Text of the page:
The Cardinal Newman Society released new Catholic School Curriculum Standards. Dan Guernsey and Denise Dohohue, the developers of the standards, explain that the standards are supplementary and are meant to be a resource to Catholic schools. “The Cardinal Newman Society offers these Catholic Curriculum Standards as a resource for educators to help keep focus on what is unique about Catholic elementary and secondary education: its evangelizing mission to integrally form students in Christ and transmit a Christian worldview,” they wrote.
They further describe the standards:
The standards cover English language arts, math, scientific topics, and history, focusing on unique Catholic insights into these curricular areas and complementing the Church’s standards for religious instruction. They are broadly grouped into two grade levels, K-6 and 7-12. They express student outcomes of learning, inviting educators to assign or develop materials and choose subject matter that serve the unique mission of Catholic education.
We built the standards on the solid foundation of Church documents, the educational philosophies of faithful Newman Guide colleges, and many writings on Catholic, liberal arts, and classical education. We consulted with many leading Catholic scholars, school leaders, and standards experts to ensure the highest quality resource.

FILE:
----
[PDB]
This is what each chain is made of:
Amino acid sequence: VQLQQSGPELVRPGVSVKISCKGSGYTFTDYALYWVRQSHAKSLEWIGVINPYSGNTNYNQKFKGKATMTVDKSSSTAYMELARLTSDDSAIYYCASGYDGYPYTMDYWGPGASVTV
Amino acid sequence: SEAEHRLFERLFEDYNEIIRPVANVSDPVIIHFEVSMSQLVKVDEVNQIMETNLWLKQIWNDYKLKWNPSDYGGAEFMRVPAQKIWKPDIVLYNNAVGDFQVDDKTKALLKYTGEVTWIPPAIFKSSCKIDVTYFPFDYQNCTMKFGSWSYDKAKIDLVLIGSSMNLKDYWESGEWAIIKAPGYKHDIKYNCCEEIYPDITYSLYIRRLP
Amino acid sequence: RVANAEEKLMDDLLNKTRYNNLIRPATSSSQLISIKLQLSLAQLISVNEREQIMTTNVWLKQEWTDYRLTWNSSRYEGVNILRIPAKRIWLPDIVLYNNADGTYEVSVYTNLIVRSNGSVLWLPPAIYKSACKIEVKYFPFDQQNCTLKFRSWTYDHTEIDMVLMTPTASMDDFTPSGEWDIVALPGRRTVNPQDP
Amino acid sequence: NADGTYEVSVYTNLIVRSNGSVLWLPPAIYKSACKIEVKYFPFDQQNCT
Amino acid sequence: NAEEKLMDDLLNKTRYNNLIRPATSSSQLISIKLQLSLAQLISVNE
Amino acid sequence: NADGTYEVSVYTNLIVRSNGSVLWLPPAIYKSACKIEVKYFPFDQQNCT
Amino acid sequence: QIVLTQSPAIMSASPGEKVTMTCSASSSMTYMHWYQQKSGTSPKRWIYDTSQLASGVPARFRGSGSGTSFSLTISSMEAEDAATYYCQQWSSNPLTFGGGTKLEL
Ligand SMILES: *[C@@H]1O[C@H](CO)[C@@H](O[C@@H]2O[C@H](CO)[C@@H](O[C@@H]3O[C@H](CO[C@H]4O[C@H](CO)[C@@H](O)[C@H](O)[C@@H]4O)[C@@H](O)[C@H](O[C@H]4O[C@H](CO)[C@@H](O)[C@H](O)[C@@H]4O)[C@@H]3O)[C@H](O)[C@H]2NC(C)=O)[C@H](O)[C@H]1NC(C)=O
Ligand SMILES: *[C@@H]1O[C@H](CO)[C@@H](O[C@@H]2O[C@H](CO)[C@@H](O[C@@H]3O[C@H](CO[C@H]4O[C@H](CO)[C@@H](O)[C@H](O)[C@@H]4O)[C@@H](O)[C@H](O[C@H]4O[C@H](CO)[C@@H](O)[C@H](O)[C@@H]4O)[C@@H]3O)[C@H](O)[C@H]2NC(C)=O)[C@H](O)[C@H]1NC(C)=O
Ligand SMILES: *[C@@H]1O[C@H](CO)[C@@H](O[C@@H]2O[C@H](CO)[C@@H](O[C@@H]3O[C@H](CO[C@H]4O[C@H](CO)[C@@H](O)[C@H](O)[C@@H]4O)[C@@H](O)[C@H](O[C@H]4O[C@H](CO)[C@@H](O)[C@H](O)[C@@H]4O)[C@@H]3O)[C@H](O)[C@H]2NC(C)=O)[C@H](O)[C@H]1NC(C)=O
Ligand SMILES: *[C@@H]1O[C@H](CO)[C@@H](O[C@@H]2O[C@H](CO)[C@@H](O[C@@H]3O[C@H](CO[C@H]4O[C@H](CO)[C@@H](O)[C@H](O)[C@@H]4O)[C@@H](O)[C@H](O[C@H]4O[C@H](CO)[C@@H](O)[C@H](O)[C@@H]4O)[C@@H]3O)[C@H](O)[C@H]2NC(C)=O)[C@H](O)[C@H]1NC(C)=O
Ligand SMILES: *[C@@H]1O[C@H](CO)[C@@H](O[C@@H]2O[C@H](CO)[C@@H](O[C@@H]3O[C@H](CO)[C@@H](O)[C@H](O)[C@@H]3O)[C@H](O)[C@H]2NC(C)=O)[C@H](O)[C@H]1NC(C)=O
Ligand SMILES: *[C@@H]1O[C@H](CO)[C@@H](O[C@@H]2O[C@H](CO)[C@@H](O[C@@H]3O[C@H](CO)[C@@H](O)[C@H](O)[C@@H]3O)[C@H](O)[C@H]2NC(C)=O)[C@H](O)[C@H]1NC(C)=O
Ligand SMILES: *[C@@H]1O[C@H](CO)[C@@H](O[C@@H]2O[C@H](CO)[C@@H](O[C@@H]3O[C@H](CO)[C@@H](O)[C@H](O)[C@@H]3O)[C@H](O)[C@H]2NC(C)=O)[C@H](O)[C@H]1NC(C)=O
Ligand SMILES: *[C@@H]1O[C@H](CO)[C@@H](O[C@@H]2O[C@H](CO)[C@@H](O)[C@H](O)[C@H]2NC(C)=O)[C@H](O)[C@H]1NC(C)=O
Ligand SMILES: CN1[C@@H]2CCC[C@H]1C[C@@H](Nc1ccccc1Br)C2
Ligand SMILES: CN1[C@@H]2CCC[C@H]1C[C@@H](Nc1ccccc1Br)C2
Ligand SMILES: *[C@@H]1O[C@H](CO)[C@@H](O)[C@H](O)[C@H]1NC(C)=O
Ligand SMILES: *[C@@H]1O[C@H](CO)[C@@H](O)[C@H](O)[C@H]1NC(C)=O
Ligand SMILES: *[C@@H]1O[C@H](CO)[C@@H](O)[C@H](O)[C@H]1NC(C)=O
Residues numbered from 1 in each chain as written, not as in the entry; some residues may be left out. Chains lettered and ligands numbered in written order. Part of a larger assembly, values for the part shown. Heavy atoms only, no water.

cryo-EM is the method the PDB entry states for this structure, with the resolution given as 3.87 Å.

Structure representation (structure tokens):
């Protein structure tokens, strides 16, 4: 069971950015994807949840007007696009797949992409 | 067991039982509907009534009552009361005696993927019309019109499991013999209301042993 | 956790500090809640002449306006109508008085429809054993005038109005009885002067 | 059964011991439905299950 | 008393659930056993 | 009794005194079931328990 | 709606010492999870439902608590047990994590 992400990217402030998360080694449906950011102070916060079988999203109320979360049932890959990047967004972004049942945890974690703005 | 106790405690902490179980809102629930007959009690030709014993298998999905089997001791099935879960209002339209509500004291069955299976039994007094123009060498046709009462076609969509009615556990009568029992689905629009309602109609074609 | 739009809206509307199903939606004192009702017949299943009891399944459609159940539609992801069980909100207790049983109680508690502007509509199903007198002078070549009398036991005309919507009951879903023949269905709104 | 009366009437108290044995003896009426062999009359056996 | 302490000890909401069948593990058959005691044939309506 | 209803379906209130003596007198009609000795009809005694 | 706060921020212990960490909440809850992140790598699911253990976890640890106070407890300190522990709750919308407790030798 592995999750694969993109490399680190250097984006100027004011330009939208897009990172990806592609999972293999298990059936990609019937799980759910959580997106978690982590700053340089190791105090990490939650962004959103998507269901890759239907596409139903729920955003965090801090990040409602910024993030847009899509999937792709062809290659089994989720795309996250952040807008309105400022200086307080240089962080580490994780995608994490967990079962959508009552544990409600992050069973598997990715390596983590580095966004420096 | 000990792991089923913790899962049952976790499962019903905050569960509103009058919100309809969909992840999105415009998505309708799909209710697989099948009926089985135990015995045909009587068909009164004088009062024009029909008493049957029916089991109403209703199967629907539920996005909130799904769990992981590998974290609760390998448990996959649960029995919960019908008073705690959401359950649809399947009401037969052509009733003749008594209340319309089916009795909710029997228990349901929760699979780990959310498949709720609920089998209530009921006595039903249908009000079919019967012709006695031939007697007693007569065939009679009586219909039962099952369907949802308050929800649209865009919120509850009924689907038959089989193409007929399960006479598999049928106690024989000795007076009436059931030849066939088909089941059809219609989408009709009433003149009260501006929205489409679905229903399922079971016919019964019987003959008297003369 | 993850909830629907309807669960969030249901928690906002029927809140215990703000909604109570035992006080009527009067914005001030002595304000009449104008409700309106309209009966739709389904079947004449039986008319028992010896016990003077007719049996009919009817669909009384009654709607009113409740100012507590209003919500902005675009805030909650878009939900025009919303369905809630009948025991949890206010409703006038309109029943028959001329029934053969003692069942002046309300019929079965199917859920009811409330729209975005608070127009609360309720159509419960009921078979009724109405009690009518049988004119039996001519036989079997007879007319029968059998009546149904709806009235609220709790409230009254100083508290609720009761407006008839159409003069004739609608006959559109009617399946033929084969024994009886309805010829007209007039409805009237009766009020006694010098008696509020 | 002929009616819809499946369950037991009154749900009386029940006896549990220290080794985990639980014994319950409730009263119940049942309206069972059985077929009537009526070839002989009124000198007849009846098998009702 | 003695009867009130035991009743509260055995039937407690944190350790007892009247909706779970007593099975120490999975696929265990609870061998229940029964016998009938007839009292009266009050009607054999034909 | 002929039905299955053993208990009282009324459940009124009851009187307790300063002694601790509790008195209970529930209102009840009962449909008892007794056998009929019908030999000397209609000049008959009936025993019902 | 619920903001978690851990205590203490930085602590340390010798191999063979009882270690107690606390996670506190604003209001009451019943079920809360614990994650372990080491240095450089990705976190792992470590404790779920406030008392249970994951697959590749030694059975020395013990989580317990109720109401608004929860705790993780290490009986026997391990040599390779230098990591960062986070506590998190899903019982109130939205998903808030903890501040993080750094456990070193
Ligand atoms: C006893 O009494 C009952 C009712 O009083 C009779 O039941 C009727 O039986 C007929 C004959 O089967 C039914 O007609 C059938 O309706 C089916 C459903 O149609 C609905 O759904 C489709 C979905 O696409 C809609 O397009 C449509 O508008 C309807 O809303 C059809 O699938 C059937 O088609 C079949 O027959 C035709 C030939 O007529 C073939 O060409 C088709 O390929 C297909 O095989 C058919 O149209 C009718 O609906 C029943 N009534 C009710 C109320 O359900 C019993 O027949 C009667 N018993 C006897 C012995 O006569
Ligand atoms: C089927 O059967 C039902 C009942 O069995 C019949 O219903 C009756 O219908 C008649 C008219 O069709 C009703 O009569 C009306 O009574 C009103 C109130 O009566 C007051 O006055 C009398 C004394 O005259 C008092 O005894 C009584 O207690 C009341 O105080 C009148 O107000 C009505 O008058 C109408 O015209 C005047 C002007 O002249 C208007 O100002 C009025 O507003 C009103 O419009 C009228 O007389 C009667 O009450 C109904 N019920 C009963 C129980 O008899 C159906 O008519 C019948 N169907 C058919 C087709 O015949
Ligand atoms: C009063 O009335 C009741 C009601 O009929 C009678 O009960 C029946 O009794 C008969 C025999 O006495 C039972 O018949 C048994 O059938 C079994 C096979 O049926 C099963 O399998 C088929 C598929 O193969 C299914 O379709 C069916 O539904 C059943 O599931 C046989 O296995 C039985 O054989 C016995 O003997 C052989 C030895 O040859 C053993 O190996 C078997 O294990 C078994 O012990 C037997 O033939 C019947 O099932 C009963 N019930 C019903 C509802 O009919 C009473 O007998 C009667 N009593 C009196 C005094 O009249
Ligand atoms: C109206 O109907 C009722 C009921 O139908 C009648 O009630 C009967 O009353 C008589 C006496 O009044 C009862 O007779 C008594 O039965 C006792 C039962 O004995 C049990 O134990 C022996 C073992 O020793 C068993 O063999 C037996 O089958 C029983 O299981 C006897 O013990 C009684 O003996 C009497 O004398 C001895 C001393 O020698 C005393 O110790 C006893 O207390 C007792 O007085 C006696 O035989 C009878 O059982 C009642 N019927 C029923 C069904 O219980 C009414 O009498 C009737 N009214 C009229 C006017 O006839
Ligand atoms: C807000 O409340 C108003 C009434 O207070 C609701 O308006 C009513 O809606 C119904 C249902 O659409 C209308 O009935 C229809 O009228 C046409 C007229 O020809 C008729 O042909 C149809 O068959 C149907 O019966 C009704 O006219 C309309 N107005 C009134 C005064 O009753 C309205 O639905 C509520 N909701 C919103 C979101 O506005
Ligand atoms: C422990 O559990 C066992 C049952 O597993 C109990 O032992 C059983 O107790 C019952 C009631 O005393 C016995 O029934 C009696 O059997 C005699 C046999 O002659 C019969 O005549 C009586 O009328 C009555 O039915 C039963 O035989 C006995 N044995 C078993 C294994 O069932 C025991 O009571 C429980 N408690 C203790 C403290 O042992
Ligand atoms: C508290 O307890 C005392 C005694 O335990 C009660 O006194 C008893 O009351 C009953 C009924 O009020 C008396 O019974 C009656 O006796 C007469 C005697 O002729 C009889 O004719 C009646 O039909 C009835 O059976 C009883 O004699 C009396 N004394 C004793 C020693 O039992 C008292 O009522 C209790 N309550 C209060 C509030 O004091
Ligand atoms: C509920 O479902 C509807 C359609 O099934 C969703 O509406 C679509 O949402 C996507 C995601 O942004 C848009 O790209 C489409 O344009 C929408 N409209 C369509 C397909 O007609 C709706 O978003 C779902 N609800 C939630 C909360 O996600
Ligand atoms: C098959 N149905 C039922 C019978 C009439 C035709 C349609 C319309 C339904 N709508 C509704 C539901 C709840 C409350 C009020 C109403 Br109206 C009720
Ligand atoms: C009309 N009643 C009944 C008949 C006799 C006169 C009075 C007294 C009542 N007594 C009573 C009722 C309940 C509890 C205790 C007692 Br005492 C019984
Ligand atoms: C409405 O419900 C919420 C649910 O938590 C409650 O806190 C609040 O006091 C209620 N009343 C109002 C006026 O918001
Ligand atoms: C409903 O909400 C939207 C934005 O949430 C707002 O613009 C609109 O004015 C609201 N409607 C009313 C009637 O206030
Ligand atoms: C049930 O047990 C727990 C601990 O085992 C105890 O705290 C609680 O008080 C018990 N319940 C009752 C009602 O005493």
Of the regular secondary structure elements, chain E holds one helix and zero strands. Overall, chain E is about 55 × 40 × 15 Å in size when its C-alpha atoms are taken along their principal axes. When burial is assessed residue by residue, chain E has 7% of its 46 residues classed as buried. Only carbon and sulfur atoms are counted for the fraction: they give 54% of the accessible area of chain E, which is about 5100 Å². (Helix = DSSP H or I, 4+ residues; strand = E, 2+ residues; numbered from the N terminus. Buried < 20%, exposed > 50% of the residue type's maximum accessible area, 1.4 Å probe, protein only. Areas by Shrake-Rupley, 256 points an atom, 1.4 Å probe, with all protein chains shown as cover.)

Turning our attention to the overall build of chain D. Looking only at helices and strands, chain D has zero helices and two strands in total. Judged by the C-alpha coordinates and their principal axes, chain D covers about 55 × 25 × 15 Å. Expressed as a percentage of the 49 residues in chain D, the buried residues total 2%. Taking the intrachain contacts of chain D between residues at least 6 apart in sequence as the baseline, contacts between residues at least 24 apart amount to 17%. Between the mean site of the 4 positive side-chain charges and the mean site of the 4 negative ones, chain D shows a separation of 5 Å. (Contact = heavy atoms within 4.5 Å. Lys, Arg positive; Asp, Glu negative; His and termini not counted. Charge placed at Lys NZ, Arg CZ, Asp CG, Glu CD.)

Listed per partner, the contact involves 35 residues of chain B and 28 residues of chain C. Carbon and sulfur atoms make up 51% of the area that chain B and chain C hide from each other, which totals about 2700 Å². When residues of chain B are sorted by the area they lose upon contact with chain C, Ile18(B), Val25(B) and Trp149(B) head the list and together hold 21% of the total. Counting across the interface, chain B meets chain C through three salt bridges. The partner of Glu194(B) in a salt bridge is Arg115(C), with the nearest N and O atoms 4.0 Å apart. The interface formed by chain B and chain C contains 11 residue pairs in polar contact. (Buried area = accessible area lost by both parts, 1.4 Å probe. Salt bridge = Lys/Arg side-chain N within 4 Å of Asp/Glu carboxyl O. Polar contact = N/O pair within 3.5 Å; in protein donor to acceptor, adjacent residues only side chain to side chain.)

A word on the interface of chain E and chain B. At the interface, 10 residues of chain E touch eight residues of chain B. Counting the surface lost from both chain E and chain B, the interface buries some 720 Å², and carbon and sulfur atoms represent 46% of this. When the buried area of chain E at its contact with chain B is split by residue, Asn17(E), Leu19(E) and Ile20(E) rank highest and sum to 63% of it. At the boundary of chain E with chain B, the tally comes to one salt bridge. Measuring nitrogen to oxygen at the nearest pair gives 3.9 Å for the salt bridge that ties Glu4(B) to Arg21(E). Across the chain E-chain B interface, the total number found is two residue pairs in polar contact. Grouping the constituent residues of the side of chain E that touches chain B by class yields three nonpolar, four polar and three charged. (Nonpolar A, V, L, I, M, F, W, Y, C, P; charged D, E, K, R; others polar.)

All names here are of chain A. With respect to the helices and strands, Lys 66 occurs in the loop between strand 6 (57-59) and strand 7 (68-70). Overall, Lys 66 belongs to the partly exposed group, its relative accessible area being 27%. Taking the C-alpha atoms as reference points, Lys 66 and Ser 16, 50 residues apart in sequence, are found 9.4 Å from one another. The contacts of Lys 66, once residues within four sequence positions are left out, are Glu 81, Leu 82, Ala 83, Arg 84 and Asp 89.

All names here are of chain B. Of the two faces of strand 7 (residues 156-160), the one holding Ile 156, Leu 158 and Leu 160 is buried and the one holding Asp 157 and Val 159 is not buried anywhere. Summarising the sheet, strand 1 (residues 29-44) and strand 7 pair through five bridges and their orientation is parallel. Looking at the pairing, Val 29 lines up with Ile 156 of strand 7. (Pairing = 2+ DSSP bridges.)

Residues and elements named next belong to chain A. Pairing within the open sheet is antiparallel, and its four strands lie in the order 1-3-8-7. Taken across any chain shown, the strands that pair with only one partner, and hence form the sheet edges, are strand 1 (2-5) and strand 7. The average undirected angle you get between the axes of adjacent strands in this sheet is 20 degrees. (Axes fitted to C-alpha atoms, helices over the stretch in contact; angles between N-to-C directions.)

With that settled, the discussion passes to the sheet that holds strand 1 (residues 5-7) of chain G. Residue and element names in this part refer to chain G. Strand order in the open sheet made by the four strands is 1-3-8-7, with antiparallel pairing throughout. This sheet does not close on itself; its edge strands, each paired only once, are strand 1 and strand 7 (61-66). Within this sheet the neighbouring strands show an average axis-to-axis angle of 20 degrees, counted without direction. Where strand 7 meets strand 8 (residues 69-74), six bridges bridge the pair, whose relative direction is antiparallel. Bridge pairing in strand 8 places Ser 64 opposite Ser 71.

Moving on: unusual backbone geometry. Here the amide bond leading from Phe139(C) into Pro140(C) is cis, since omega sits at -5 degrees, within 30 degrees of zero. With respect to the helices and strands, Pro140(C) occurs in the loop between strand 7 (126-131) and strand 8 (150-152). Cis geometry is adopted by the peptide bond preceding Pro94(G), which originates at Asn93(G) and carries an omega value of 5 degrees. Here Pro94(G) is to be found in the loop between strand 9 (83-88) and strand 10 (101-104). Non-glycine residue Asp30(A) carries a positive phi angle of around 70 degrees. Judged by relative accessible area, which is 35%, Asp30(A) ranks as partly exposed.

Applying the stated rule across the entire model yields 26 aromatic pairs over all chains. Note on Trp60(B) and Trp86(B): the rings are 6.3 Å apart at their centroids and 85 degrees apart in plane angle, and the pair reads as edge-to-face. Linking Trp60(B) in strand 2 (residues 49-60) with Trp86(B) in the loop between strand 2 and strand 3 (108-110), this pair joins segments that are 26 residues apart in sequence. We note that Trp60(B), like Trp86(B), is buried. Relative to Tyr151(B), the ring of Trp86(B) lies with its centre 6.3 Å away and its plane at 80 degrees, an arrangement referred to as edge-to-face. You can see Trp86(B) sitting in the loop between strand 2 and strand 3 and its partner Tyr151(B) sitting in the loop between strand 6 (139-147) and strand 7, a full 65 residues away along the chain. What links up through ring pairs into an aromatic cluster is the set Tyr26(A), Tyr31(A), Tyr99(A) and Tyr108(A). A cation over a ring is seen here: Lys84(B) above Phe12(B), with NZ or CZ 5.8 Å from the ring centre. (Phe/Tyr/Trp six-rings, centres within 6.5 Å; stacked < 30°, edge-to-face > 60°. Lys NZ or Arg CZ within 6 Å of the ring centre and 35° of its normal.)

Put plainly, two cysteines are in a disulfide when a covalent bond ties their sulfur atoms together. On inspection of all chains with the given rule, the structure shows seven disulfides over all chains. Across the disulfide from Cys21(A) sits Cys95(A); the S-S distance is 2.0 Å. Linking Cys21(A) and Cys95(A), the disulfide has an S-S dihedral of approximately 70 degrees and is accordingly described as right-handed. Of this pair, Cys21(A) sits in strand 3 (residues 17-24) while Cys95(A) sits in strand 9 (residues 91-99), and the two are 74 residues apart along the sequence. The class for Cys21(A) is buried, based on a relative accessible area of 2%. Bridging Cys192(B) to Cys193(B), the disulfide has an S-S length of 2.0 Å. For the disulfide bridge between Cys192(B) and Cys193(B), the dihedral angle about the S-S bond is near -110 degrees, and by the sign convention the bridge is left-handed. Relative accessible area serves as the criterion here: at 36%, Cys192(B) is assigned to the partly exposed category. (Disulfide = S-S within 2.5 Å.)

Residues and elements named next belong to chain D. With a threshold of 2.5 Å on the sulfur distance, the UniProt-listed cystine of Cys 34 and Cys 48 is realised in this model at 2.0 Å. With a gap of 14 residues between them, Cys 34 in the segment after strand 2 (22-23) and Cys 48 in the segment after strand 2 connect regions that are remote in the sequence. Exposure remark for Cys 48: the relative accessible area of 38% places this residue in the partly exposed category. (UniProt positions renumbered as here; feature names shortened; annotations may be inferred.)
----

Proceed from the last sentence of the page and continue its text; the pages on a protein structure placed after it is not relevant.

Consultants that helped with the development of the standards are:
- Joseph Almeida, Ph.D. (Franciscan University of Steubenville)
- Dominic Aquila, D.Litt et Phil. (University of St. Thomas, TX)
- Christopher Baglow, Ph.D. (Notre Dame Seminary)
- Anthony Esolen, Ph.D. (Providence College)
- Joseph Pearce (Aquinas College, TN)
- Chad Pecknold, Ph.D. (Catholic University of America)
- Andrew Seeley, Ph.D. (Thomas Aquinas College)
- Fr. Robert Spitzer, S.J. (The Magis Center)
- Ryan Topping, D.Phil. (Thomas More College of Liberal Arts)
- Gregory Townsend, Ph.D. (Christendom College)
- Michael VanHecke (The Institute for Catholic Liberal Education)
- Susan Waldstein, S.T.D. (Ave Maria University)
- Christopher Zehnder (Catholic Textbook Project)
Unlike the Common Core State Standards, teachers and schools are allowed to adapt the standards how they see fit.
The release of the standards follow a white paper published by American Principles Project and the Pioneer Institute that found Common Core is incompatible with Catholic education.